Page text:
Photo copy paper seems to be along the line of white oak,pine,larch etc that's very good but exotic papers are available from 99p for 5 sheets of a5 banana tree on sites like Amazon and ebay....silk paper,etc depending on your specific preferences....and local...I've used paper money...trash wrappers from food etc and am getting great results
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Re: Paper - Preferred folding material

Postby Andre-4 » October 18th, 2016, 11:42 am

Earlobes wrote:
fncll wrote:I've seen a couple of mentions in this thread of "backing paper" or "display backing paper." Can anyone tell me more precisely what this is? Searching for those terms returns many, many different papers...


I think they might be referring to the backing paper used in classroom bulletin boards and such. It is usually a solid color, or has some type of repeated printed graphic (clouds, bricks, leaves, wood texture, etc). It comes in pretty tall rolls (nearly 50 in. or so), so I imagine you could get a few gigantic squares out of it. I've never personally tried it for origami, but I know it is available at my local arts and crafts store. The only brand of this kind of paper I know is Fadeless.

I made a simple form ball sonobe from sticky back plastic I was going to put on the kitchen cupboards....the creases stay if you only make a few folds
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Re: Paper - Preferred folding material

Postby mkosmul » October 18th, 2016, 6:04 pm

Feanor wrote:Have anybody tried this paper? http://www.modulor.de/en/khepera-bookbi ... -blue.html
The description says:"The incredibly strong and hard-wearing material has processing attributes that are very similar to those of ELEPHANT HIDE."
The colors and texture seem quite interestig but i am not sure about its physical characteristics.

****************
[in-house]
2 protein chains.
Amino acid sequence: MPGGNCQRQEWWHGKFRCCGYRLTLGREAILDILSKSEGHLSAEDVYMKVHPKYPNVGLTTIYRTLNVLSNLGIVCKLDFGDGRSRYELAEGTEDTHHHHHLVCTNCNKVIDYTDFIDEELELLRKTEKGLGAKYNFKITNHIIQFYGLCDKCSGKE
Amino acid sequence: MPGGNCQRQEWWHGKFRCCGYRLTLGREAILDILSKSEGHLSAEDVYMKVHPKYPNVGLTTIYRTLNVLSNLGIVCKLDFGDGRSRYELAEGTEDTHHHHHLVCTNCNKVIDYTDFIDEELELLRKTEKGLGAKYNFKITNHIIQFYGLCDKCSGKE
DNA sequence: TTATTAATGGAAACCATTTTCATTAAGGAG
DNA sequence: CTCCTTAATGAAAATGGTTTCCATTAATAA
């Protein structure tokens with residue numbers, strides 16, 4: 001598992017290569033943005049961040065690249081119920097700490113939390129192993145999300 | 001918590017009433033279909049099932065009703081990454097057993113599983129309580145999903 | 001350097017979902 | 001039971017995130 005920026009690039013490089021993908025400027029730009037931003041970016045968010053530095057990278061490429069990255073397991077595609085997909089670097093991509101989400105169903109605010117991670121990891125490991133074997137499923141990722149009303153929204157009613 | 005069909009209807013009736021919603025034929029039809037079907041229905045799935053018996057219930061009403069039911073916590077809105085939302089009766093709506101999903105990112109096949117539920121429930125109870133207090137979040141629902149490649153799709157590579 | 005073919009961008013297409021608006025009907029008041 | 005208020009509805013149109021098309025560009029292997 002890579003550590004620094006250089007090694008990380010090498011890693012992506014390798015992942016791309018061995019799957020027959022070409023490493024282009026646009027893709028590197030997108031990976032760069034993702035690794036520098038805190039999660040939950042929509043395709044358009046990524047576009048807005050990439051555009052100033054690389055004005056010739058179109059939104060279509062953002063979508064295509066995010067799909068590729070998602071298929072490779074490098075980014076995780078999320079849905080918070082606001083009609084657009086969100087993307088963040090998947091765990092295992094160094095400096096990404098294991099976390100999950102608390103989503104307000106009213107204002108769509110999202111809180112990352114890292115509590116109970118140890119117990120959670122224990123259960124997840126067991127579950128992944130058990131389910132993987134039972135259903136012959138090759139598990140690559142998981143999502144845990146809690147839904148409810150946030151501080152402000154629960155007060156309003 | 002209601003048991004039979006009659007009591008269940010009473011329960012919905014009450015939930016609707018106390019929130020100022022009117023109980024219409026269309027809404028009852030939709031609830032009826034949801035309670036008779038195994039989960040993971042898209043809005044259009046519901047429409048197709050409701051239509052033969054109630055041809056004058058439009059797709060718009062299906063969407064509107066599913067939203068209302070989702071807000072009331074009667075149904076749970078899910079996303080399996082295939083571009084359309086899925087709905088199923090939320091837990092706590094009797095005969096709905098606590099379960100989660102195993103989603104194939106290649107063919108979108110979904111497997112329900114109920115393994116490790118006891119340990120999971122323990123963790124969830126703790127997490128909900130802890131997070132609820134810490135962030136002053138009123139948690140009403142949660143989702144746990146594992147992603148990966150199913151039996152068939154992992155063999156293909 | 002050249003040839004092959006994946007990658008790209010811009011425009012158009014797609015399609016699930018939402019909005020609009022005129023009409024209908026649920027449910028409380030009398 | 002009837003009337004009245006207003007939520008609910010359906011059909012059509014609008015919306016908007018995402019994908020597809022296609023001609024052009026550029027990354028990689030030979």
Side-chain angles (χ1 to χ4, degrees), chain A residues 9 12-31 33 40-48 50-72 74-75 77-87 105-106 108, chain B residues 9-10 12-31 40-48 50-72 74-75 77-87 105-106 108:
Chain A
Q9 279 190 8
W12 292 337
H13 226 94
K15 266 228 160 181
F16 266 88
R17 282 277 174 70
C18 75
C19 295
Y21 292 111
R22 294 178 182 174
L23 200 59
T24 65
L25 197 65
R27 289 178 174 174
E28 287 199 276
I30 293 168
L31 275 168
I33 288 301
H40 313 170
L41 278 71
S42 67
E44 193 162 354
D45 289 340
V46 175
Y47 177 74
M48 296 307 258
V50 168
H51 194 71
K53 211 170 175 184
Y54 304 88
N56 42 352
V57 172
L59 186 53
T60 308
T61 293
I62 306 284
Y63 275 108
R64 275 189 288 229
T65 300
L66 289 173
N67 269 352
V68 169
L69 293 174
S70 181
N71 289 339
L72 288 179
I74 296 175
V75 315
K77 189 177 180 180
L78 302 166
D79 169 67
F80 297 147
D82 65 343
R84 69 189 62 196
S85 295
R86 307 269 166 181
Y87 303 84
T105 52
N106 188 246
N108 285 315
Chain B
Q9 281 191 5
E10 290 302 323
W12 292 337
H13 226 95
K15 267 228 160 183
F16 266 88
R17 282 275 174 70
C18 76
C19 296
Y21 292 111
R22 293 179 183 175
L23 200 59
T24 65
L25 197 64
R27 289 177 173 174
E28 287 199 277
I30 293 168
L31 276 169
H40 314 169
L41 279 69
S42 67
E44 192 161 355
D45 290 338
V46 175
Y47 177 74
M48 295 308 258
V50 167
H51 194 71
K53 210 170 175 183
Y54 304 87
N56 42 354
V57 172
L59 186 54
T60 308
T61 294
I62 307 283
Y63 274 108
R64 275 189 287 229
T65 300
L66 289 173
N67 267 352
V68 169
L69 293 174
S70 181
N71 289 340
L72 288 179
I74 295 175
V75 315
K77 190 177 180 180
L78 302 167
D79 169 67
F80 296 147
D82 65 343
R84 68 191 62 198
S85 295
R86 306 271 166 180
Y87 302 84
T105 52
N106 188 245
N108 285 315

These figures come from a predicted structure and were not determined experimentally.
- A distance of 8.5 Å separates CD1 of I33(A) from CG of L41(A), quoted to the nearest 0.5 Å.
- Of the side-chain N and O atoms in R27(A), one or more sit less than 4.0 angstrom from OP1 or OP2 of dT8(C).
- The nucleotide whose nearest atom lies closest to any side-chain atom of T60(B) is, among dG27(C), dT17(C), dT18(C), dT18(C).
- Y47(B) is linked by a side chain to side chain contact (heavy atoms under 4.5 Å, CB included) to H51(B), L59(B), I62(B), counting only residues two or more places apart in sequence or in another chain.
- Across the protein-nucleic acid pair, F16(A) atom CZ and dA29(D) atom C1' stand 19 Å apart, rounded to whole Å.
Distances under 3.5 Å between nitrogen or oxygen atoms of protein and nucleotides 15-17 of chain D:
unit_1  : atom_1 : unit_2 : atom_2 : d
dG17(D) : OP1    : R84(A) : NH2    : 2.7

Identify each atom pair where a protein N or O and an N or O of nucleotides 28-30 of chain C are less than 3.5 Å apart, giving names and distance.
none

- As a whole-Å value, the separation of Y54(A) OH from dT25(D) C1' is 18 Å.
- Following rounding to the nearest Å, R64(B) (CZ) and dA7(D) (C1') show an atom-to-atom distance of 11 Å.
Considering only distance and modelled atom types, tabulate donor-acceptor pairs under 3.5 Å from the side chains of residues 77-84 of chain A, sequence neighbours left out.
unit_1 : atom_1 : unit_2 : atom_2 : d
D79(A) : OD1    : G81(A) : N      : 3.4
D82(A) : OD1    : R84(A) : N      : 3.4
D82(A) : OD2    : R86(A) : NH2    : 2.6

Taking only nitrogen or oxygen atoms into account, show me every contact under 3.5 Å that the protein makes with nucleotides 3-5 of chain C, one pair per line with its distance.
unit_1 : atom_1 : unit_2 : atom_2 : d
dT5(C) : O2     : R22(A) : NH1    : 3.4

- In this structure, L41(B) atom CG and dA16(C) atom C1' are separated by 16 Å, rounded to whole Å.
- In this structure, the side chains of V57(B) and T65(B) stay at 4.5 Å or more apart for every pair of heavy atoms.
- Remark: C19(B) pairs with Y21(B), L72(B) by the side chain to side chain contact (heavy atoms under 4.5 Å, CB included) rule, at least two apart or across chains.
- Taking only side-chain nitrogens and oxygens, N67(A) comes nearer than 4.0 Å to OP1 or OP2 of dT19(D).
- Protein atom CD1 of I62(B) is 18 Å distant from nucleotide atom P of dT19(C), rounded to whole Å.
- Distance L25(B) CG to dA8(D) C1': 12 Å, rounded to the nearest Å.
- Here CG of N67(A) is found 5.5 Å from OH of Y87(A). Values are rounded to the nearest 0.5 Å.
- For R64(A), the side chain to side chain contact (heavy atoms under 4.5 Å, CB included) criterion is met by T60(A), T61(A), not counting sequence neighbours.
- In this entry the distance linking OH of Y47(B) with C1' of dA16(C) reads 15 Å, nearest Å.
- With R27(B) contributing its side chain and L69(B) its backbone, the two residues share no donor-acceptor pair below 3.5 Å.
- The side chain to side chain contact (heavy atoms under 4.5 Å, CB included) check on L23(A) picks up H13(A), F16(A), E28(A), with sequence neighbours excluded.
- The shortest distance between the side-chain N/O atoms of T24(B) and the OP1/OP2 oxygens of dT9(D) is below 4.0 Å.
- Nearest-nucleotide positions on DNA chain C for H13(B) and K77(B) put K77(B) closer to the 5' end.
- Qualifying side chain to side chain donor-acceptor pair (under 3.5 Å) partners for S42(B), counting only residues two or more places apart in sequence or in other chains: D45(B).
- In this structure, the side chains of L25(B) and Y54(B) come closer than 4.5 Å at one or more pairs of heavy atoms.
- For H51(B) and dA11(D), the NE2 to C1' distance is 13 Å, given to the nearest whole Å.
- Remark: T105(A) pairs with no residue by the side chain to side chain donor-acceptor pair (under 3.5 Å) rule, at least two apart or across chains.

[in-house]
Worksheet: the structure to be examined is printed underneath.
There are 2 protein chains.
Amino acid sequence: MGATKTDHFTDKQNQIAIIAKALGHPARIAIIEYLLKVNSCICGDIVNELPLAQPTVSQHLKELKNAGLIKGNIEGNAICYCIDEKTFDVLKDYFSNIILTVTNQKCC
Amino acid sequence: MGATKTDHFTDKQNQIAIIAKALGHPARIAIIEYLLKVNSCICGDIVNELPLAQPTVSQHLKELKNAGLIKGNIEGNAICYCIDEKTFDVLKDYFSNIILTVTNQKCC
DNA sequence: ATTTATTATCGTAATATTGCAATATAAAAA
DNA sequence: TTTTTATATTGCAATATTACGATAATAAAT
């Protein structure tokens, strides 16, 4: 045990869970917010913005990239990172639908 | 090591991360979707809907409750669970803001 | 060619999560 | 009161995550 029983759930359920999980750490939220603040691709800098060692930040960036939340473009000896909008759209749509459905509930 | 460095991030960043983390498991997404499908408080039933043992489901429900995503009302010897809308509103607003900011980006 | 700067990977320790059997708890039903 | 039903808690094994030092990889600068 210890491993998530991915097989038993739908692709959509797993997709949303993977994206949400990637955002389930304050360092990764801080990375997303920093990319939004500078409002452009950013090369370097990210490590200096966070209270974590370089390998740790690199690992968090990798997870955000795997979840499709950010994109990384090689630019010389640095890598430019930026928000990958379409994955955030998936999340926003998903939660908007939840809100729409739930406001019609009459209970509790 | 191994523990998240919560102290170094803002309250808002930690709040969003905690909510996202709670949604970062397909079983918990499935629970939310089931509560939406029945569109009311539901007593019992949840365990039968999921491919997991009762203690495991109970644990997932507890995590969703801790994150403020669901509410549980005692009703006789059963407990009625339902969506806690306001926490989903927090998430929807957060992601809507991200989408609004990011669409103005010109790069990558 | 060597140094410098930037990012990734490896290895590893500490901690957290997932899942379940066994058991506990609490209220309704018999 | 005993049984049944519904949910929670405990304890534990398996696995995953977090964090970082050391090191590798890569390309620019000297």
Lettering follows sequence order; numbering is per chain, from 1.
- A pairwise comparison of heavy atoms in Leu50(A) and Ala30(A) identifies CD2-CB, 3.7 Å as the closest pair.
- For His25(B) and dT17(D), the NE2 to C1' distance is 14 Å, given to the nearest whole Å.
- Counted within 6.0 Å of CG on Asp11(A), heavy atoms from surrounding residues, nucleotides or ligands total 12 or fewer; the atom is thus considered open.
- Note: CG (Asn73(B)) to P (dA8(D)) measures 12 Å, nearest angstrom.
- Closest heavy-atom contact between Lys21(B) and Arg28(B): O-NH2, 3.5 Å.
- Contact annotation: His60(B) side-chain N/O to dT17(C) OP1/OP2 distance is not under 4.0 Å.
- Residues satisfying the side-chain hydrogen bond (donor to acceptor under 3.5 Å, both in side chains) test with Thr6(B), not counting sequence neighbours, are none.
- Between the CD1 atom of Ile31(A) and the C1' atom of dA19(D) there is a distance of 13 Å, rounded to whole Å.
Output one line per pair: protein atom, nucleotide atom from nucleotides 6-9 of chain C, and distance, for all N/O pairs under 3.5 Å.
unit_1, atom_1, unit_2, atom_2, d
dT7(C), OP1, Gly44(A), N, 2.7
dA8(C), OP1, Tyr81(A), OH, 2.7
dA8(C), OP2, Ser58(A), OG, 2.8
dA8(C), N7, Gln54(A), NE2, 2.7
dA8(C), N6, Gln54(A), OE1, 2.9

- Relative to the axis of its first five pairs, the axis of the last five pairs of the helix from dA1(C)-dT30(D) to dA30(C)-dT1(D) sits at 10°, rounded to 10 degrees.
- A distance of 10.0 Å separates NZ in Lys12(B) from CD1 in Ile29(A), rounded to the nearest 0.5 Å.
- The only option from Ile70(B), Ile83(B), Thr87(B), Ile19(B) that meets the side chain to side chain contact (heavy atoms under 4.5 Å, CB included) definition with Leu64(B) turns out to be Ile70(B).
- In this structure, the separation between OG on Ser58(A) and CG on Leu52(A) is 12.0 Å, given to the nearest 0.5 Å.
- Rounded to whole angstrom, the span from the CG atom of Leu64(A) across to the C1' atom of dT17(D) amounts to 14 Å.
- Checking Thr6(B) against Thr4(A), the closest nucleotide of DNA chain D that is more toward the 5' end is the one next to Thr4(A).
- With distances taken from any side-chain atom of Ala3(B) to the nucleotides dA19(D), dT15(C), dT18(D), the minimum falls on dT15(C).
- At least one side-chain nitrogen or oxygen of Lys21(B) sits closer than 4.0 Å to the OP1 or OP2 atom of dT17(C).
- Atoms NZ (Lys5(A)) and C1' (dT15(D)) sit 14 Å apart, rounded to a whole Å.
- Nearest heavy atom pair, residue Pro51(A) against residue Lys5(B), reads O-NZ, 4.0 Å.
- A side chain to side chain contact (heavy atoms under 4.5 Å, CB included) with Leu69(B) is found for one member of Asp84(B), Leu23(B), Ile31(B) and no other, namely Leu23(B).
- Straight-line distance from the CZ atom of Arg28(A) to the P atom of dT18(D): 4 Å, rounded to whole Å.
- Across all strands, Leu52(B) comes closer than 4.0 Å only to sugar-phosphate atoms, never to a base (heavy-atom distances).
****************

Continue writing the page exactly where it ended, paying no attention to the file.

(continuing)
It's an old question but I'll answer nonetheless since I'm a big fan of this paper.

First of all, it's beautiful. The colors are a melange of many different shades which make a very interesting pattern.

However, it is only good for certain kinds of models: corrugations and tessellations, perhaps some wet-folded models with little detail would also work. This is caused by this paper's thickness. At the same time, it is soft, so it has a different feeling to it than Elephant Hide. It also lacks the shiny coating, so it's matte and slightly rough. You can see some pictures of models folded with it on flickr: https://www.flickr.com/search/?text=khepera%20paper
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Re: Paper - Preferred folding material

Postby primus » October 19th, 2016, 8:26 am

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Re: Paper - Preferred folding material

Postby primus » October 19th, 2016, 8:45 am

Harpseal wrote:A local library was sent some origami from Japan. The Librarian let me look at it. They were so stiff, they could have been made from metal.
The paper looked like napkin from a distance, but felt like card-foil (if there is such a thing) although it could have only been about 40gsm. Has anyone any idea what this paper might be?


Try to cover the finished origami hairspray strong hold.
Hairspray is composed of acrylic.
Finishing origami will be tough, but the appearance will remain unchanged
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Re: Paper - Preferred folding material

Postby Andre-4 » October 26th, 2016, 10:05 am

I use starch for ironing shirts usually sold in shoe repairers or hardware shops a lotof paper
Is hand made as well and mulberry is as cheap as tissue papers